Ann Arbor folk festival tweaks lineup with diverse and younger performers
This year’s Ann Arbor Folk Festival features some of the biggest acts under the broad umbrella of Americana music, but spokeswoman Barb Chaffer Authier says the “meat” of the event is in the names festivalgoers likely don’t know.
The festival returns to Hill Auditorium on Friday and Saturday with an opening night lineup headlined by chart-topping young country star Kacey Musgraves. Saturday show features folk-rock duo Indigo Girls, who had a string of gold and platinum records in the late ’80s and early ’90s. Critically acclaimed country-rocker Margo Price, who was named emerging artist of the year in September by the Americana Music Association, also performs Saturday.
Authier says that outside of a couple of big names each night, organizers worked hard to program a lineup of diverse lesser-known acts. The event is a fundraiser for Ann Arbor folk venue the Ark, bringing in about 10 percent of the Ark’s annual operating budget. So the festival at 3,500-seat Hill Auditorium often gives a much bigger spotlight to acts that have previously played mostly smaller venues like the Ark’s 400-seat listening room.
“The philosophy behind it is that we’re able to bring in a large audience … and the vast majority of them might be coming just to see a particular artist that they know and love on the bill, but they’re going to discover something new at the festival,” Authier says.
For instance, Friday night’s lineup features the “musical collective” Nahko and Medicine for the People, whose frontman Nahko Bear draws on his own Apache, Puerto Rican and Filipino heritage, among other cultures, to create an integrated world music sound. In the more traditional folk vein on Saturday there’s We Banjo 3, a young Irish band that employs three banjo players and a fiddler for a blend of Irish traditional music and American bluegrass.
One of the up-and-comers in this year’s lineup is already a recognizable name to most, but not in the world of music. Actor Kiefer Sutherland, star of TV’s “24” and “Designated Survivor,” wrote and released his debut studio album “Down in a Hole” last year and will play the folk festival Saturday night.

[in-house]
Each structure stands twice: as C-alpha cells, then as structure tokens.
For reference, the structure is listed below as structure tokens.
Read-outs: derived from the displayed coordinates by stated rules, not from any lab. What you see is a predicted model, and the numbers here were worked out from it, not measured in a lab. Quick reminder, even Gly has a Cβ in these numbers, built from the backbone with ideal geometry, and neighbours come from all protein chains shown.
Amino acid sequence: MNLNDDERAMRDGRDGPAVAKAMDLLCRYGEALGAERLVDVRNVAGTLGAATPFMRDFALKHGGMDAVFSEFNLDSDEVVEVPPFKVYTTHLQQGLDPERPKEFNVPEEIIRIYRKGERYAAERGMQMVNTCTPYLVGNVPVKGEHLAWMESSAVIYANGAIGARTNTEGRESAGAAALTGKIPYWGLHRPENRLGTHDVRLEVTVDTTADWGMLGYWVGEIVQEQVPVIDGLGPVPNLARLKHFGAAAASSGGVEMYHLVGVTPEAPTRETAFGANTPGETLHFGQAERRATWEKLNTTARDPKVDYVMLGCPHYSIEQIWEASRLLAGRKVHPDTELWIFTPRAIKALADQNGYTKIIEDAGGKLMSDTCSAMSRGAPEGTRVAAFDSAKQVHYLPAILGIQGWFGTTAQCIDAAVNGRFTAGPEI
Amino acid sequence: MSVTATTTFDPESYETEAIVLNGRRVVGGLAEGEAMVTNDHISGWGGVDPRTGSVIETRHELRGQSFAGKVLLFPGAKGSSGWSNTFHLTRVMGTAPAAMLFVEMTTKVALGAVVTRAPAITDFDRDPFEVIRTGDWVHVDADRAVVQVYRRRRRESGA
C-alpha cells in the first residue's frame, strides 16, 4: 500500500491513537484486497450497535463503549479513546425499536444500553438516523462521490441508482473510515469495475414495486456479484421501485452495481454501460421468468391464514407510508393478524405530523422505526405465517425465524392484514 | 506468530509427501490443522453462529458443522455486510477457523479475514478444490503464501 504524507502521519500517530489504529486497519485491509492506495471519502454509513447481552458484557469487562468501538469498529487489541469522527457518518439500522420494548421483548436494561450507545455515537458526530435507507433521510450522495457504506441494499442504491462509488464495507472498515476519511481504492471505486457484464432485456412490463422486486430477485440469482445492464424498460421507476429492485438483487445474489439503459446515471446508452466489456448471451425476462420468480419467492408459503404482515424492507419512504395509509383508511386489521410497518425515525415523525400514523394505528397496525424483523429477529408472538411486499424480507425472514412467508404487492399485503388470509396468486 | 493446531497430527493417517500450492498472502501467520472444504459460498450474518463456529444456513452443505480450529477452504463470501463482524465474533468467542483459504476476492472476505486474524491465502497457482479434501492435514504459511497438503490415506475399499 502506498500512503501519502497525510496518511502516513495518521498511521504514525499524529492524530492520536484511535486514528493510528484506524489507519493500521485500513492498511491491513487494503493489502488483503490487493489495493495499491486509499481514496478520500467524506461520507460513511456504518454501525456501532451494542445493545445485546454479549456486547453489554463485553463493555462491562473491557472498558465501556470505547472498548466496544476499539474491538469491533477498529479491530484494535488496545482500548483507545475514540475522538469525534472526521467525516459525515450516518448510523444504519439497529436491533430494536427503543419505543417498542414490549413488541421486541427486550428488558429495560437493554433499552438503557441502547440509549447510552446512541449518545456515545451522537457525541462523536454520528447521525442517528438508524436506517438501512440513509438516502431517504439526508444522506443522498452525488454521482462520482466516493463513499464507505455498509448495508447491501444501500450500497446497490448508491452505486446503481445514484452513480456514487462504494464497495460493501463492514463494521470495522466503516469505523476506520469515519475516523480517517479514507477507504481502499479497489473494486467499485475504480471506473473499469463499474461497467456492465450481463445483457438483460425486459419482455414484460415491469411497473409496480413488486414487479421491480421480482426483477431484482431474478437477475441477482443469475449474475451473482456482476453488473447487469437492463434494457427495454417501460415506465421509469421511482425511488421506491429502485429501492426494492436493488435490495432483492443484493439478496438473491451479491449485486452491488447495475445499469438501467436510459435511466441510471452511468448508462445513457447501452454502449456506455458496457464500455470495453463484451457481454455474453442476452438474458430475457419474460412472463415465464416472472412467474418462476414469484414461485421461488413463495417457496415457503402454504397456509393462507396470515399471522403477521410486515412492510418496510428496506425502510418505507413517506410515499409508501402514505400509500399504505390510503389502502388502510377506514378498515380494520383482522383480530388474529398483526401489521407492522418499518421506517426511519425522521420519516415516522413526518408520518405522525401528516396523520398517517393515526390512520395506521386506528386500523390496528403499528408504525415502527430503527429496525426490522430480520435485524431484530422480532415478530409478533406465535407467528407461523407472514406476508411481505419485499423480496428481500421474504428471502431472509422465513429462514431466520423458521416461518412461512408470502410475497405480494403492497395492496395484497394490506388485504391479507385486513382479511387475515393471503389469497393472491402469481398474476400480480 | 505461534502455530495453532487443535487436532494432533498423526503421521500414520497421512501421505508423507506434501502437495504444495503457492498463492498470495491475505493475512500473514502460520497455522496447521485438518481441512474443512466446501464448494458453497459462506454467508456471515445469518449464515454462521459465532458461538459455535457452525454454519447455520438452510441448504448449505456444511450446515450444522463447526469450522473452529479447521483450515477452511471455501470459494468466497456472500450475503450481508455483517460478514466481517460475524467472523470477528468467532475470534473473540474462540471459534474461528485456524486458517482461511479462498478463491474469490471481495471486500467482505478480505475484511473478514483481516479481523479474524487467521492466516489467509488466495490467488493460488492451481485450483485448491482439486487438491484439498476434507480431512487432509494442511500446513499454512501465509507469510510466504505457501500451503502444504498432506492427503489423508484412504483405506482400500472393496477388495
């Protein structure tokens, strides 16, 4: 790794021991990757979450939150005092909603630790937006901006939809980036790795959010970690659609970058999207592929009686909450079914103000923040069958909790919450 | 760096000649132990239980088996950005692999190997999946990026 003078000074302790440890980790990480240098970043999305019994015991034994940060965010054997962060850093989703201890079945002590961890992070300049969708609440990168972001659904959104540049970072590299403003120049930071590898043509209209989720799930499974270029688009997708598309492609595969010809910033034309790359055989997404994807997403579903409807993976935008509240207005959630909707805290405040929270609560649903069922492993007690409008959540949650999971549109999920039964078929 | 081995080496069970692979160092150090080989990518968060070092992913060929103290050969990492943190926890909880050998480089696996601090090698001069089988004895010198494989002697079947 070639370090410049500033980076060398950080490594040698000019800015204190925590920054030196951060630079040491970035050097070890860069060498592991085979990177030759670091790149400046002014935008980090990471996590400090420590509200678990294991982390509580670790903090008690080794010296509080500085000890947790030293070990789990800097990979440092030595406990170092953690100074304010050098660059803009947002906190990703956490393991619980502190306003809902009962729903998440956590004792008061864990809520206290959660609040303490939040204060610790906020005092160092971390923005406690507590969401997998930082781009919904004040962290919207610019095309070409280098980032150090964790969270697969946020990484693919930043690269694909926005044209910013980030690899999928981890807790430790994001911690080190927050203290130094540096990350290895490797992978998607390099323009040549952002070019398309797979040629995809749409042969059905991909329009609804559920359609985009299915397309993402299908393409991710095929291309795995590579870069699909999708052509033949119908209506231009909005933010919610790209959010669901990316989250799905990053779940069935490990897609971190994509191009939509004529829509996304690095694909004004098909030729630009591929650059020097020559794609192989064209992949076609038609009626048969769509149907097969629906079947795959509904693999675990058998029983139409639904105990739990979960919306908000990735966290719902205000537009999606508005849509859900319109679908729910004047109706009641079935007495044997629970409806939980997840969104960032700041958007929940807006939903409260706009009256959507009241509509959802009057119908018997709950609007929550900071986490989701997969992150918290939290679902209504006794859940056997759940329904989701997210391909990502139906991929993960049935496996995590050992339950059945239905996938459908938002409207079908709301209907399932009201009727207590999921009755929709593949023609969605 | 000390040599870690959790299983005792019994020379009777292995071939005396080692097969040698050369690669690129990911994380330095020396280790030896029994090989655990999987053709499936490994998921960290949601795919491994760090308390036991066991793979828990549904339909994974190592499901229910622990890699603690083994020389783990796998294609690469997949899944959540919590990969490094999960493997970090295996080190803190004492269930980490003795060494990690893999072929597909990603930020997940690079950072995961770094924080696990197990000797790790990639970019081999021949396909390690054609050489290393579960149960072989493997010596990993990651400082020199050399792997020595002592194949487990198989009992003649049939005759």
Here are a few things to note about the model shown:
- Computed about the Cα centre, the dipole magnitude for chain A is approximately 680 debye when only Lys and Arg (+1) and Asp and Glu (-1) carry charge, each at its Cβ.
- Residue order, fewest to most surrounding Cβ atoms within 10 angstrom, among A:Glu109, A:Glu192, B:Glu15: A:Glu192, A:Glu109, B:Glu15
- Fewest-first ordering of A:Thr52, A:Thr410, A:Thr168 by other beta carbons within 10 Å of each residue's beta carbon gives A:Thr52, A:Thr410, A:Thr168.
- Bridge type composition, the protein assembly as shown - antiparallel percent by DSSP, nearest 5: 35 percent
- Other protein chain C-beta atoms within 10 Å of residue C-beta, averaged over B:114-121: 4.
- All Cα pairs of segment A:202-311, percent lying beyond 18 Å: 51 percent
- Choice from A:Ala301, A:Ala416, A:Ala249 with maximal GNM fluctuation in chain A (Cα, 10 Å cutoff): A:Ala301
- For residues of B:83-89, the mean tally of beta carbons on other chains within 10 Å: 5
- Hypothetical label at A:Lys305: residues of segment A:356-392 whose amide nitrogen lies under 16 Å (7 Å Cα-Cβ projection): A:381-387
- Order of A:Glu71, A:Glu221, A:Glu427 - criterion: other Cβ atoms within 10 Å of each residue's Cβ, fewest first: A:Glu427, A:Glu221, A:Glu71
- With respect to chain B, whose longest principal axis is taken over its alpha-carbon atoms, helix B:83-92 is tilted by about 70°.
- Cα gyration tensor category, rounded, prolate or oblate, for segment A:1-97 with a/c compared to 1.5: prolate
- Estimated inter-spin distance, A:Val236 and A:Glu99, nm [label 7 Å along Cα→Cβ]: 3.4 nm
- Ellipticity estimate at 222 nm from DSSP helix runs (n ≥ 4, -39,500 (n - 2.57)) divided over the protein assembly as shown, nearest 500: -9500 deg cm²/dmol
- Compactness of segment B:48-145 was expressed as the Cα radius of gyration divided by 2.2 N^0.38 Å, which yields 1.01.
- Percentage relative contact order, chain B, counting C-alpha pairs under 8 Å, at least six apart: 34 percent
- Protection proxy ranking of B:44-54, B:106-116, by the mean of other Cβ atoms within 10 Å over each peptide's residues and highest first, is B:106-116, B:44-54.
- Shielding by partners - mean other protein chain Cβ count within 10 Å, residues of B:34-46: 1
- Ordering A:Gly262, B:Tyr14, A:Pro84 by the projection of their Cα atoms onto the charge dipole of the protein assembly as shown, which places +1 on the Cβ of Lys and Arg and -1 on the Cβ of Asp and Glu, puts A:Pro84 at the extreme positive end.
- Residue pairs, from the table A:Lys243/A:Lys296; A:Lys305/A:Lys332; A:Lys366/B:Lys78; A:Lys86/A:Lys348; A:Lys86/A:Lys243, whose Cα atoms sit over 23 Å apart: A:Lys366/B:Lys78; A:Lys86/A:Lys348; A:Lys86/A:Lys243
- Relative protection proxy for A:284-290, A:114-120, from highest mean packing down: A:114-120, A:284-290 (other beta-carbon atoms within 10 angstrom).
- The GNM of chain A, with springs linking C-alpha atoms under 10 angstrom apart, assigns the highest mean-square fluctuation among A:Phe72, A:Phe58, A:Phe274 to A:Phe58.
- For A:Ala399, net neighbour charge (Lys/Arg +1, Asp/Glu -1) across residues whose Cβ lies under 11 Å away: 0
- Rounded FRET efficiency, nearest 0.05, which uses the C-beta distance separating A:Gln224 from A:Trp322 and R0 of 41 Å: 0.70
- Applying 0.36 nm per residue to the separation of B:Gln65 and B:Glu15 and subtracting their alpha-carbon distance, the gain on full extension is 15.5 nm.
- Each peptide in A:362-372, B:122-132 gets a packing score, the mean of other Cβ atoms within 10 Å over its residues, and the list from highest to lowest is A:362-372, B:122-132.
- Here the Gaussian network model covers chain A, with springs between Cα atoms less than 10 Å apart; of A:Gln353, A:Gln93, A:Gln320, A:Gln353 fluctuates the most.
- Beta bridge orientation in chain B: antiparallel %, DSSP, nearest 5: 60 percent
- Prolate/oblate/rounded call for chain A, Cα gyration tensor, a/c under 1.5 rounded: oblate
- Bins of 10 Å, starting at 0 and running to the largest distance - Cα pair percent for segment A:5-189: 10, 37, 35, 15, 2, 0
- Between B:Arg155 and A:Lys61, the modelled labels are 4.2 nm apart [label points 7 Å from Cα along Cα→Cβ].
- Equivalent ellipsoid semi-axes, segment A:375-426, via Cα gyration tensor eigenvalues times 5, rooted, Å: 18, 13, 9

“He’s really busy with (‘Designated Survivor’) right now … but they film in Toronto and he was really excited to gather up his band and come out for the weekend,” Authier says.
“He really enjoyed playing the Ark when he was here in July and I think he really gets what we’re trying to do as an organization in supporting roots music.”
One big change that’s crept into the festival in recent years is the increasingly blurred line between classic and contemporary acts. In the mid-2000s organizers worked to focus Friday night’s lineup on younger, more unconventional performers and audiences, while Saturday night’s lineup skewed older and more traditional. Authier says the organizers have mostly dropped that approach as many Americana legends have passed away and younger acts have increasingly adopted old-school influences.
“You see some of those younger bands that draw a younger audience, but their music resonates just as much with the kind of traditional folk fest audience that used to look to Saturday night being their kind of music,” she says. “There’s much more crossover now.”
Patrick Dunn is an Ann Arbor-based freelance writer.
40th Ann Arbor Folk Festival
6:30 p.m. Friday
Kacey Musgraves, Jenny Lewis, Nahko and Medicine for the People, Valerie June, Rainbow Kitten Surprise, Zach Heckendorf and Susan Werner
6:30 p.m. Saturday
Indigo Girls, Margo Price, Kiefer Sutherland, Over the Rhine, We Banjo 3, Davina and the Vagabonds, Corn Potato String Band and Susan Werner
825 N. University, Ann Arbor
Tickets: $37.50-$200 per night; $67.50-$360 for two-night series